Outside was cold and dark. In the distance the town band tooted spasmodically, as if it were short-winded this chilly Sunday evening. And we, not bidden to the feast, went to bed. To be awakened occasionally by sudden and roaring noises–perhaps applause–and the loud and unmistakable howling of a child, well after midnight.
Morning was cold and grey again, with a chilly and forbidding country yawning and gaping and lapsing away beneath us. The sea was invisible. We walked the narrow cold streets, whose high, cold, dark stone walls seemed almost to press together, and we looked in at the alabaster workshops, where workmen, in Monday-morning gloom and half awakedness, were turning the soft alabaster, or cutting it out, or polishing it.
Everybody knows Volterra marble–so called–nowadays, because of the translucent bowls of it which hang under the electric lights, as shades, in half the hotels of the world. It is nearly as transparent as alum, and nearly as soft. They peel it ti down as if it were soap, and tint it pink or amber or blue, and turn it into all those things one does not want: tinted alabaster lampshades, light-bowls, statues, tinted or untinted, vases, bowls with doves on the rim, or vine-leaves, and similar curios. The trade seems to be going strong. Perhaps it is the electric-light demand: perhaps there is a revival of interest in ‘statuary’. Anyhow there is no love lost between a Volterran alabaster worker and the lump of pale Volterran earth he turns into marketable form. Alas for the goddess of sculptured form, she has gone from here also.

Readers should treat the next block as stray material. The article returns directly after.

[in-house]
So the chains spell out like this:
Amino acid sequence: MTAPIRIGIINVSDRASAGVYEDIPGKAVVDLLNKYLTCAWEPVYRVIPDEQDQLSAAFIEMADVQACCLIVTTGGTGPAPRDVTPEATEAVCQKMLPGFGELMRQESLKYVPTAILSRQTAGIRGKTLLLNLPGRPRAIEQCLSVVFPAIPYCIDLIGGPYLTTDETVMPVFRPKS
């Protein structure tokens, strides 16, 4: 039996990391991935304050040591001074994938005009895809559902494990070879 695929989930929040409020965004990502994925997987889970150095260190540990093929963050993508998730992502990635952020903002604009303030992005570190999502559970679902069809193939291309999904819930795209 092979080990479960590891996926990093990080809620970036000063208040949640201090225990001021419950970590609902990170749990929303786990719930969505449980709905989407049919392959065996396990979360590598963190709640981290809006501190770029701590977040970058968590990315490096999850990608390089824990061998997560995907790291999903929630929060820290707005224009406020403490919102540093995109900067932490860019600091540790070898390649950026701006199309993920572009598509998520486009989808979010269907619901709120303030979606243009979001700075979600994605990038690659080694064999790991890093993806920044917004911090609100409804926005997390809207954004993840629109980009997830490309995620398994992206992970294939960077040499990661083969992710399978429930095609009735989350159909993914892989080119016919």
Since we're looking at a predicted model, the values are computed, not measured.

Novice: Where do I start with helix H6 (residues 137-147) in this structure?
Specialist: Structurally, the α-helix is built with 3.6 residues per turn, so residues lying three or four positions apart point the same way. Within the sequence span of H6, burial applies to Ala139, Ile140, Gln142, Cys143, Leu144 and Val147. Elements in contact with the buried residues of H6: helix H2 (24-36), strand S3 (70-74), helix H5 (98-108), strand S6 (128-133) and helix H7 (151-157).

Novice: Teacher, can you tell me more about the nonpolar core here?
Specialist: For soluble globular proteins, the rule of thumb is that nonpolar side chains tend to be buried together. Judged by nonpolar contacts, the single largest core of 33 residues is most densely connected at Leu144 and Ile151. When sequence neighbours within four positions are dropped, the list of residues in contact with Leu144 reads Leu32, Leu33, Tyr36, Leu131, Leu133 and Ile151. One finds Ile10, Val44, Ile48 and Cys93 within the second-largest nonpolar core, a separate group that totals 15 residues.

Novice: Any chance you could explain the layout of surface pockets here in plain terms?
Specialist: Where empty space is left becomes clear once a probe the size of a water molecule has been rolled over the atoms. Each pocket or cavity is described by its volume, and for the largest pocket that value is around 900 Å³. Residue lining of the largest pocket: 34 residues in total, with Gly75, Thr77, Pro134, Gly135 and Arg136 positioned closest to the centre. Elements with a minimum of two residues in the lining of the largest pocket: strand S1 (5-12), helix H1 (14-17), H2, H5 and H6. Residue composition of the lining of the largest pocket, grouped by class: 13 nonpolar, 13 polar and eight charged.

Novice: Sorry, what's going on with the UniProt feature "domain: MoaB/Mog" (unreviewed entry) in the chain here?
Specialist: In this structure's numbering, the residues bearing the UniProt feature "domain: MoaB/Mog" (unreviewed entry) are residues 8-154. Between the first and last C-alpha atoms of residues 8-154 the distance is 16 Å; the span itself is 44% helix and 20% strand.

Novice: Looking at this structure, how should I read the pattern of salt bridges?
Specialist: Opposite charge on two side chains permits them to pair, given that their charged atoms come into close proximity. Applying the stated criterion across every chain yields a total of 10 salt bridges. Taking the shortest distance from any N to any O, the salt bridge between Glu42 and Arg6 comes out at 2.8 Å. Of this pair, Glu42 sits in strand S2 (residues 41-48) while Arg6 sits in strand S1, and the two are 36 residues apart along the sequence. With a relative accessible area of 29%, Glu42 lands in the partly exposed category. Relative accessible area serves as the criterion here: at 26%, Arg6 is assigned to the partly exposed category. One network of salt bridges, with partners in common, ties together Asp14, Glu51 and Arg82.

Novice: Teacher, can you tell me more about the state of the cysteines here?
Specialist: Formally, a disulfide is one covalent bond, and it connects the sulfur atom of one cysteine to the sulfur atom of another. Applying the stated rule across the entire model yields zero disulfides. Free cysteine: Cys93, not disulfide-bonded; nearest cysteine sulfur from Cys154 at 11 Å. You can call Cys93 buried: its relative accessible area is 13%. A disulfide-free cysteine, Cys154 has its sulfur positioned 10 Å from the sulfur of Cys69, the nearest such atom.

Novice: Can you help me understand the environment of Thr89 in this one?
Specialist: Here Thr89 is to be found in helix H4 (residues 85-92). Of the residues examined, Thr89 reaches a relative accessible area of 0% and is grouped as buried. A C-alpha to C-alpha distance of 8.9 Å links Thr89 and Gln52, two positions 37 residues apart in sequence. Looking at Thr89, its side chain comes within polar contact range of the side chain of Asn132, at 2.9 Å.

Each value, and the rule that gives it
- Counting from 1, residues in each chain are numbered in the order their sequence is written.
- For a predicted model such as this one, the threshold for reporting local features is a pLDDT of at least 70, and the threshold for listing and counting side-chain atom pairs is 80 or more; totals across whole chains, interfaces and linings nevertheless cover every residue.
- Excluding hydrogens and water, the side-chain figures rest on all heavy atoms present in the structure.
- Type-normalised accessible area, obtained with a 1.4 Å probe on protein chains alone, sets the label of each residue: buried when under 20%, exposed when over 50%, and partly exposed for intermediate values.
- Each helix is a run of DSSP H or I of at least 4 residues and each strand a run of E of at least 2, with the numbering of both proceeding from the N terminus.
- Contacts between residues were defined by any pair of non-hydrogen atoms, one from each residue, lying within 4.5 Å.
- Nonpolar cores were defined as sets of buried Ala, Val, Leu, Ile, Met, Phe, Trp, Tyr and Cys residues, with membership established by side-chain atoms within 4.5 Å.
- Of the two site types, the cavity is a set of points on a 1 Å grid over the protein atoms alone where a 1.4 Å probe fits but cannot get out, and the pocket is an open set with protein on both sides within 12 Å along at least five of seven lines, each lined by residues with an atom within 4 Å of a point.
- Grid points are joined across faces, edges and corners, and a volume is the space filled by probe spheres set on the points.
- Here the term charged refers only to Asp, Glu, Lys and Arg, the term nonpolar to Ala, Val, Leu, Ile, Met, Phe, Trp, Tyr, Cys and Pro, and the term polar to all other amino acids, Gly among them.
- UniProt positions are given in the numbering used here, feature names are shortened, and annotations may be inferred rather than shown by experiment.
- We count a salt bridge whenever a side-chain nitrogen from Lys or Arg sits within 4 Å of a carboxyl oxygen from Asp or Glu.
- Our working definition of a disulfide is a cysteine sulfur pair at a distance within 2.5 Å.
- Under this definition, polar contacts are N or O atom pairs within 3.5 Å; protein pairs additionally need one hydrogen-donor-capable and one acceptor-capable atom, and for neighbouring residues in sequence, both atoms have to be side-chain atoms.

But it is the old alabaster jars we want to see, not the new. As we hurry down the stony street the rain, icy cold, begins to fall. We flee through the glass doors of the museum, which has just opened, and which seems as if the alabaster inside had to be kept at a low temperature, for the place is dead-cold as a refrigerator.
Cold, silent, empty, unhappy the museum seems. But at last an old and dazed man arrives, in uniform, and asks quite scared what we want. ‘Why, to see the museum!’ ‘Ah! Ah! Ah si–si!’ It just dawns upon him that the museum is there to be looked at. ‘Ah si, si, Signori!’
We pay our tickets, and start in. It is really a very attractive and pleasant museum, but we had struck such a bitter cold April morning, with icy rain falling in the courtyard, that I felt as near to being in the tomb as I have ever done. Yet very soon, in the rooms with all those hundreds of little sarcophagi, ash-coffins, or urns, as they are called, the strength of the old life began to warm one up.
Urn is not a good word, because it suggests, to me at least, a vase, an amphora, a round and shapely jar: perhaps through association with Keats’ Ode to a Grecian Urn–which vessel no doubt wasn’t an urn at all, but a wine-jar–and with the ‘tea-urn’ of children’s parties. These Volterran urns, though correctly enough used for storing the ashes of the dead, are not round, they are not jars, they are small alabaster sarcophagi. And they are a peculiarity of Volterra. Probably because the Volterrans had the alabaster to hand.Share It